Peace Prize Winner See Every Cent as a Seed 和平獎得主看每一文錢像粒種籽
2006/10/21 | 作者:
  Muhammad Yunus, Bangladesh's "Banker to the Poor" who provided loans to help millions of people fight poverty by starting businesses, has won the Nobel Peace Prize.

Yunus, who shared in the $1.4-million prize with the Grameen Bank he founded 30 years ago, pioneered the concept of microcredit. It allows the very poor, who don't qualify for traditional loans, to borrow as little as a few dollars without collateral. The bank's shareholders are the impoverished people it supports.

Yunus, 66, and Grameen Bank were honored for "their efforts to create economic and social development from below," the Norwegian Nobel Committee announced in Oslo.

As Bangladesh celebrated, Yunus said in Dhaka, the capital, that he wanted "to work to create some more new things in the world" and would use the award money to start a company to produce cheap, nutritional food for the poor and to set up an eye hospital for the impoverished.

He said winning made him "feel more encouraged" about developing other "poverty alleviation projects", and he expressed hope that "many countries will follow us" with similar programs.

The Nobel committee said that "lasting peace cannot be achieved unless large population groups find ways in which to break out of poverty.  Microcredit is one such means," it said.

The prize shines a light on a form of so-called social capitalism that has gained currency in recent years, propelled by high-profile supporters such as former President Clinton, rock star Bono and Microsoft founder Bill Gates.

Gates' foundation has given more than $40 million to programs designed to provide loans, insurance and other types of financial assistance to the world's poorest people, including a $1.5-million grant to Yunus' Grameen Foundation.

Across the globe, more than 92 million poor people, most of them women, have taken loans as small as $30 and worked their way out of the most dire poverty, said the organizers of the Microcredit Summit Campaign.

Yunus, who was nominated for the peace prize at least twice before, is the first Nobel winner from Bangladesh, a country of 147 million. His award is a rare bright spot in a country plagued by terrorism, floods and storms.

Yunus received his PhD in economics in 1969 from Nashville's Vanderbilt University, where he was a Fulbright scholar. He became an assistant professor of economics at Middle Tennessee State University later that year before returning to Bangladesh, where he joined the economics faculty at Chittagong University.

Bangladesh, one of the world's poorest countries, suffered a devastating drought and famine in 1974 that, by some estimates, killed more than 1 million people. While trying to help starving villagers, Yunus met a 21-year-old woman named Sufia Begum, who was burdened by a tiny yet crushing debt, Yunus recalled in his autobiography, "Banker to the Poor."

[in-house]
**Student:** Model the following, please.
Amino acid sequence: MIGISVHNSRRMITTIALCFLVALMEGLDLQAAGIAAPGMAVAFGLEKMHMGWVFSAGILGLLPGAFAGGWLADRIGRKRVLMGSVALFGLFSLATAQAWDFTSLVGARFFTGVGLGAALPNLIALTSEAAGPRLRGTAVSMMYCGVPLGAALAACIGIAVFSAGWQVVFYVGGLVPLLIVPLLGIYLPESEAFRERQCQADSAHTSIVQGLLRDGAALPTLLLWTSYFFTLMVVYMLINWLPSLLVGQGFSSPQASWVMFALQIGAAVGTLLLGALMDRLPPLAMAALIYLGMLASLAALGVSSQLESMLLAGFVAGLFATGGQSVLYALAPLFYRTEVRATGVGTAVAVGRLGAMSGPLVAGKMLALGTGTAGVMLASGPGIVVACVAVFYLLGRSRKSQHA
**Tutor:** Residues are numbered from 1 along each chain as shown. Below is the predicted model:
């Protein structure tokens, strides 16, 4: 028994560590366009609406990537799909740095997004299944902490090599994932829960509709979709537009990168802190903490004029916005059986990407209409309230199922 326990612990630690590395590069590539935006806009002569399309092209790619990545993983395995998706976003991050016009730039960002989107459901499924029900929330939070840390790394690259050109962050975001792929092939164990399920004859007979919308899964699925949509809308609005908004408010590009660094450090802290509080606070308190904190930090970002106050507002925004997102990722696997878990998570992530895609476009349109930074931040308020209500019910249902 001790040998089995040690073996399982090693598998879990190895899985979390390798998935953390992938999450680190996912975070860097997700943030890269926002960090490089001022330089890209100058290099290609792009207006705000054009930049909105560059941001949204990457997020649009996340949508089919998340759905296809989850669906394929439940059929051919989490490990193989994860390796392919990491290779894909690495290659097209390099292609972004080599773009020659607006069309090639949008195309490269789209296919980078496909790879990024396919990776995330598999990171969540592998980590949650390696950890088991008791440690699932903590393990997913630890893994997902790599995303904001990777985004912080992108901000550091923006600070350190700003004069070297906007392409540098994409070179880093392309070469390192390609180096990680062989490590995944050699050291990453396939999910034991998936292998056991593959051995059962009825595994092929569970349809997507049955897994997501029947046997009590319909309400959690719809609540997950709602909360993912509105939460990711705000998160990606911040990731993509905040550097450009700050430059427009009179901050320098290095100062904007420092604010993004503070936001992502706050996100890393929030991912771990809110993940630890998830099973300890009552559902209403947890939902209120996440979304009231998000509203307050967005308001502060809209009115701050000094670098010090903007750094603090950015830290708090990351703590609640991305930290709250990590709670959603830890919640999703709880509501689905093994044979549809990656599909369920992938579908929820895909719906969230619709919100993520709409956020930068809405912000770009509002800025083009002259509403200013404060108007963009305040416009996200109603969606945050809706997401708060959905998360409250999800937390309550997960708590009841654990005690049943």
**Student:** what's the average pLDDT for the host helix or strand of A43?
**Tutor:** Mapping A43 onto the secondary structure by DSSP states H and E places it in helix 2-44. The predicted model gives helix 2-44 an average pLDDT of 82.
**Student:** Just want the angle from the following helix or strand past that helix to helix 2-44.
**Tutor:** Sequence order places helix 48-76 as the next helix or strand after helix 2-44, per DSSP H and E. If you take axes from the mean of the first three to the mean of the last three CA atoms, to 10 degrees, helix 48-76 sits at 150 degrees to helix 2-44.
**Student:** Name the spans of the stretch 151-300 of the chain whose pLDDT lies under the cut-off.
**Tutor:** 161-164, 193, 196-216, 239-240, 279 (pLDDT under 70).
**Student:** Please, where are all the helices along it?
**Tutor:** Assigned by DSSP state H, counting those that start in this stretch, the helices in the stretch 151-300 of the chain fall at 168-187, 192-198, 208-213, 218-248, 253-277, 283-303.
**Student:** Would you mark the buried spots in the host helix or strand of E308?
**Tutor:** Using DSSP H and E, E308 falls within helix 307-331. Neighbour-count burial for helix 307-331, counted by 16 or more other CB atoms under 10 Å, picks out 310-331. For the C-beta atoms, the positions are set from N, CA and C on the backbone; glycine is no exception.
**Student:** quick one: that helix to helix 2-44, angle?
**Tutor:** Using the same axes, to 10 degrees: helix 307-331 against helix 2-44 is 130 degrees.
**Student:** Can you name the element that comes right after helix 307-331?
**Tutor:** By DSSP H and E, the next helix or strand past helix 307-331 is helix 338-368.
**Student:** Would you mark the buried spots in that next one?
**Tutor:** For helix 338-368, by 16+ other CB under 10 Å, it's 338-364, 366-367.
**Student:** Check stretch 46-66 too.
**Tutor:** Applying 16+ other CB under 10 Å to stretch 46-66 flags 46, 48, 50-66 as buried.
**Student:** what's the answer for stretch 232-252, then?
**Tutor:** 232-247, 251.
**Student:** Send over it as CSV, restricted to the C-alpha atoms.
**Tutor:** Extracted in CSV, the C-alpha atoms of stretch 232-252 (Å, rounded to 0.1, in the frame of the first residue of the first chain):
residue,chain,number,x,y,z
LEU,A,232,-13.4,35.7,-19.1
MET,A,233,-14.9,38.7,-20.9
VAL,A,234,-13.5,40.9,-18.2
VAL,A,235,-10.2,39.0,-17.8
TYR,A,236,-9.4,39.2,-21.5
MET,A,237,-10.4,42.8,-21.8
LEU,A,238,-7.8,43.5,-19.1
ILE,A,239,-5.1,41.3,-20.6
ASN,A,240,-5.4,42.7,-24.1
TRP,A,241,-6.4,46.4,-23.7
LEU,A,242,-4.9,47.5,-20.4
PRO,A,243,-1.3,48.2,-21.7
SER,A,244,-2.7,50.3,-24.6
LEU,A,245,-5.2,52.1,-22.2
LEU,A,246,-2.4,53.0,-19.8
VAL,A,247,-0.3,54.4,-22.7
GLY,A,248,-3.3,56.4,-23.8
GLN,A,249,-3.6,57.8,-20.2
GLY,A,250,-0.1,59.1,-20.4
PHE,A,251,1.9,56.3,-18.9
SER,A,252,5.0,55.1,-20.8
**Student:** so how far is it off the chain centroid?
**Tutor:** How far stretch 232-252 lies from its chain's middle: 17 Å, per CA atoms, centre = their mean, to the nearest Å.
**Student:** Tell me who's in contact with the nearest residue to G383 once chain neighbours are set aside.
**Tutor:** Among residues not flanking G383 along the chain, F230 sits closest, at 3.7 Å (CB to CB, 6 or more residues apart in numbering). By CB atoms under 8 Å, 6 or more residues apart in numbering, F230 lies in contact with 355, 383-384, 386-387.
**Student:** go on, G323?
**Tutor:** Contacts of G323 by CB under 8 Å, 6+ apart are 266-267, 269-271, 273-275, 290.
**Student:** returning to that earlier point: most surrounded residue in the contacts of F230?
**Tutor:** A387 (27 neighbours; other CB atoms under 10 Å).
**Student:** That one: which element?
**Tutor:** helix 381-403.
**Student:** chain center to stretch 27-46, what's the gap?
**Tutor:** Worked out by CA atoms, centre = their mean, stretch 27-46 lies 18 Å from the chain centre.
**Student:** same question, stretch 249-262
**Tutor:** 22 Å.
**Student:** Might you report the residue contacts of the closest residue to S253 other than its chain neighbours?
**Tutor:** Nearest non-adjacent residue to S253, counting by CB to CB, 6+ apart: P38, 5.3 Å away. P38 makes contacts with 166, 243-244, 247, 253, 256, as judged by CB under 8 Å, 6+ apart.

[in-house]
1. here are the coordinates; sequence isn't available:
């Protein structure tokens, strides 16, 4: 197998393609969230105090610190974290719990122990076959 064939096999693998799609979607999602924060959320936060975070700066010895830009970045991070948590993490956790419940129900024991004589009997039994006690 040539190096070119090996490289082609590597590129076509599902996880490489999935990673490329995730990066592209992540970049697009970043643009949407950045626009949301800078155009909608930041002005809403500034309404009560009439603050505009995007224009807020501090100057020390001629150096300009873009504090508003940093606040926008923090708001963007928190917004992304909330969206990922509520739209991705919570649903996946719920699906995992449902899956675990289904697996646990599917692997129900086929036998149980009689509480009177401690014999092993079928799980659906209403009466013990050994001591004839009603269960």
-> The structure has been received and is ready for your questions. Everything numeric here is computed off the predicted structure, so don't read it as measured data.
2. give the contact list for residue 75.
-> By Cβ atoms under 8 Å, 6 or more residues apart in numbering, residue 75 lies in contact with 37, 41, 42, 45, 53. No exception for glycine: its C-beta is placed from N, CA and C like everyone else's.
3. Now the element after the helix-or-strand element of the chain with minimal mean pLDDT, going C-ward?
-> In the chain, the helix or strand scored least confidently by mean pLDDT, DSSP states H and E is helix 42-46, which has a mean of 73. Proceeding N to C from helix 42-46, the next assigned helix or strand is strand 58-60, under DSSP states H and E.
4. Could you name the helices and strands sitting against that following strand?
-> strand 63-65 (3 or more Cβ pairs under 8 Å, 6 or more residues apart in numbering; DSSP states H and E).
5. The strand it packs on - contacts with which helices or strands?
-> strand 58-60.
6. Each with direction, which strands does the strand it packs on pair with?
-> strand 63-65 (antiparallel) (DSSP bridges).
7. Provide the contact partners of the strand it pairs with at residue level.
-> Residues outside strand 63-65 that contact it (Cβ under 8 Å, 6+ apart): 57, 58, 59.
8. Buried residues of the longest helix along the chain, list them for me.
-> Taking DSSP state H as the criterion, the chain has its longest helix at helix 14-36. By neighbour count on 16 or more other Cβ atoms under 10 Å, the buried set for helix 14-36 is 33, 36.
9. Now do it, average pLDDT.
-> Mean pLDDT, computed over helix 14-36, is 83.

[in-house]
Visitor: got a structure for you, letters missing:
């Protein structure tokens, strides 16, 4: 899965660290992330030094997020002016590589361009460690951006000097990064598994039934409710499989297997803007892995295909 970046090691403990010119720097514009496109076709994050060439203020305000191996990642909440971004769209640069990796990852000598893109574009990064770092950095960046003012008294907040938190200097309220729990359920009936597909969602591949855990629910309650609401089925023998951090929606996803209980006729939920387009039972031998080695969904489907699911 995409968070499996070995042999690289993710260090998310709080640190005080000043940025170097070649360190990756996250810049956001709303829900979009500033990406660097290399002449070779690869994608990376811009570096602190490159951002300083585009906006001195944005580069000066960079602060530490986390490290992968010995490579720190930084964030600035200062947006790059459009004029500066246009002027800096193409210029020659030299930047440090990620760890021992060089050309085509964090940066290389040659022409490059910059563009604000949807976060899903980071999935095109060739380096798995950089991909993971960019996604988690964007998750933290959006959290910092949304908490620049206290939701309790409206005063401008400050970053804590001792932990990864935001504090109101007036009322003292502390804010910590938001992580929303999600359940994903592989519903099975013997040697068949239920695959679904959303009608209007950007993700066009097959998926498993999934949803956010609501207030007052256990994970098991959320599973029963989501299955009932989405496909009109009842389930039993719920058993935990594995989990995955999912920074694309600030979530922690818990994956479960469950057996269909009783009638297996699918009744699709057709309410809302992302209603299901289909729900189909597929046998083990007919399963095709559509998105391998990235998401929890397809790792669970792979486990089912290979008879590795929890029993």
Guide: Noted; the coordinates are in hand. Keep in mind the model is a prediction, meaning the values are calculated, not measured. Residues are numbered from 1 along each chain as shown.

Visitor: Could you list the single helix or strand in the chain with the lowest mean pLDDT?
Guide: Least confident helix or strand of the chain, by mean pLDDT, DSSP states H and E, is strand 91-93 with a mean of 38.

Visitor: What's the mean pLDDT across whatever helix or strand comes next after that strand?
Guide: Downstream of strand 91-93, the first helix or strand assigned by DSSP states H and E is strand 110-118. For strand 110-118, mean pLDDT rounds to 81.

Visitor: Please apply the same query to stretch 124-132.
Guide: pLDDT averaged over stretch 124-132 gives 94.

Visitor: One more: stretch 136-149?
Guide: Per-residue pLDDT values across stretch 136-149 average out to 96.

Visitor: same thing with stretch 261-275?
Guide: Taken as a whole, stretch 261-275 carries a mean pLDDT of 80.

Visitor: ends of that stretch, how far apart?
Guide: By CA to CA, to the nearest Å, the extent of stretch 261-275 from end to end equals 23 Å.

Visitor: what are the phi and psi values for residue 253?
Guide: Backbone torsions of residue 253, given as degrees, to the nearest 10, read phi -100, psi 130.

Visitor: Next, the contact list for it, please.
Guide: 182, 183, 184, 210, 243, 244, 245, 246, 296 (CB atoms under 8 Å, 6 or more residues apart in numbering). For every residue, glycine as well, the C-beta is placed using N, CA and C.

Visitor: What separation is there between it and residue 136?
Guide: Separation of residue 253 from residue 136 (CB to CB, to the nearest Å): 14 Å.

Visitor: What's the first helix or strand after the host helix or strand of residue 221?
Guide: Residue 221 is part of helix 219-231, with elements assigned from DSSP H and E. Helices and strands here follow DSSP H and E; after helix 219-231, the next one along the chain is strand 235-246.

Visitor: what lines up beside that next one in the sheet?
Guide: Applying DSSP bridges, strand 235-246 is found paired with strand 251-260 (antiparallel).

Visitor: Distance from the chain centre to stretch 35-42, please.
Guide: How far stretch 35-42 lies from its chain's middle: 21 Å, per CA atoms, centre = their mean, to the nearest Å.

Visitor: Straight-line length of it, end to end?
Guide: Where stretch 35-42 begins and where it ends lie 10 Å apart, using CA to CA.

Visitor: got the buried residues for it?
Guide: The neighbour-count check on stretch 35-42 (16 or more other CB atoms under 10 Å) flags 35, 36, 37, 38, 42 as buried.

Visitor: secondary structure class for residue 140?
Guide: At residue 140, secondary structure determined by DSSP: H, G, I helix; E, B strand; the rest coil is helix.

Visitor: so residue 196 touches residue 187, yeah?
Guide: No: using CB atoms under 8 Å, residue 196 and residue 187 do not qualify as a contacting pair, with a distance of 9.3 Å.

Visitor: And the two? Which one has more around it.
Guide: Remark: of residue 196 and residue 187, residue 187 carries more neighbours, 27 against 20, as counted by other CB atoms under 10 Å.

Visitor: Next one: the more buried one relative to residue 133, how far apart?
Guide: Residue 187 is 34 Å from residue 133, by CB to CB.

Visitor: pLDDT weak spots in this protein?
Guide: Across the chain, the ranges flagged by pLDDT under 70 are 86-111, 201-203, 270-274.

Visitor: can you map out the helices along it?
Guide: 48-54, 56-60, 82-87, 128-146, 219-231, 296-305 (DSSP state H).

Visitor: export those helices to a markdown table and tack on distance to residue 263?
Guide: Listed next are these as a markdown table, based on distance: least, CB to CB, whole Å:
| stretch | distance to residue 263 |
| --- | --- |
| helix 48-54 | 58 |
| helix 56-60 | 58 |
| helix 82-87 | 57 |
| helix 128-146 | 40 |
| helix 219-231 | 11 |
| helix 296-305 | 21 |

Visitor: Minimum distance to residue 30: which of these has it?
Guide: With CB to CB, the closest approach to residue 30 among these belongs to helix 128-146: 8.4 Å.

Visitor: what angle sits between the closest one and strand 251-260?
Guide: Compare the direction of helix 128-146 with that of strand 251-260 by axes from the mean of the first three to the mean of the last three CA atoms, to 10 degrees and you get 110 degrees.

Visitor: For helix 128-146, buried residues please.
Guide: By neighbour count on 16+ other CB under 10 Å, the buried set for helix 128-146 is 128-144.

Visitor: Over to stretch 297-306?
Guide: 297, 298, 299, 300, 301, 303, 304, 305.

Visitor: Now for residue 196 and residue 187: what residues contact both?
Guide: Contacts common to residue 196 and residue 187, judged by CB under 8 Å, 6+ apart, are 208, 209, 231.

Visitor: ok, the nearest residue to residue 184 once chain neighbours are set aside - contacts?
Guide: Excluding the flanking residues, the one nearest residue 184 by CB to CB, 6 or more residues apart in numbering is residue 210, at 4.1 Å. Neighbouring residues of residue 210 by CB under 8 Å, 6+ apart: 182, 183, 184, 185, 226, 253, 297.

Begum, who had to borrow money to buy bamboo to make stools, received about 25 cents a day from the lenders. After repaying her debt in stools, she was left with 2 cents a day, barely enough to feed herself. To break the grinding cycle of debt and poverty, Yunus lent a total of $27 to Begum and more than 40 of her neighbors in the village of Joba.

He allowed them to pay him back over the next year as their businesses began to produce more stable profits.

He tried to persuade a local banker to lend more money to the villagers, but he refused, insisting they didn't qualify for credit. So Yunus started his own bank to help the poorest of the poor lift themselves up.

Three decades later, Grameen Bank has more than 6.6 million borrowers, 97% of whom are women. It has 2,226 branches and provides services in 71,371 villages in Bangladesh.

In 2003, Yunus brought the microcredit revolution to the streets of Bangladesh to support more than 50,000 beggars.

They receive interest-free loans of about $9 each to buy bread, candy, toys and other items to supplement their begging. Their payments usually are a few cents a week.

"Every single individual on Earth has both the potential and the right to live a decent life," the Nobel committee said. "Yunus and Grameen Bank have shown that even the poorest of the poor can work to bring about their own development."

Grameen Bank 鄉村銀行(孟加拉文)
microcredit 微型貸款、微額貸款
collateral 抵押擔保品
shareholders 股東
poverty alleviation 減貧
social capitalism 社會資本主義
gained currency 流傳甚廣
high-profile 高姿態、倍受矚目
Fulbright scholar傅爾布萊特學者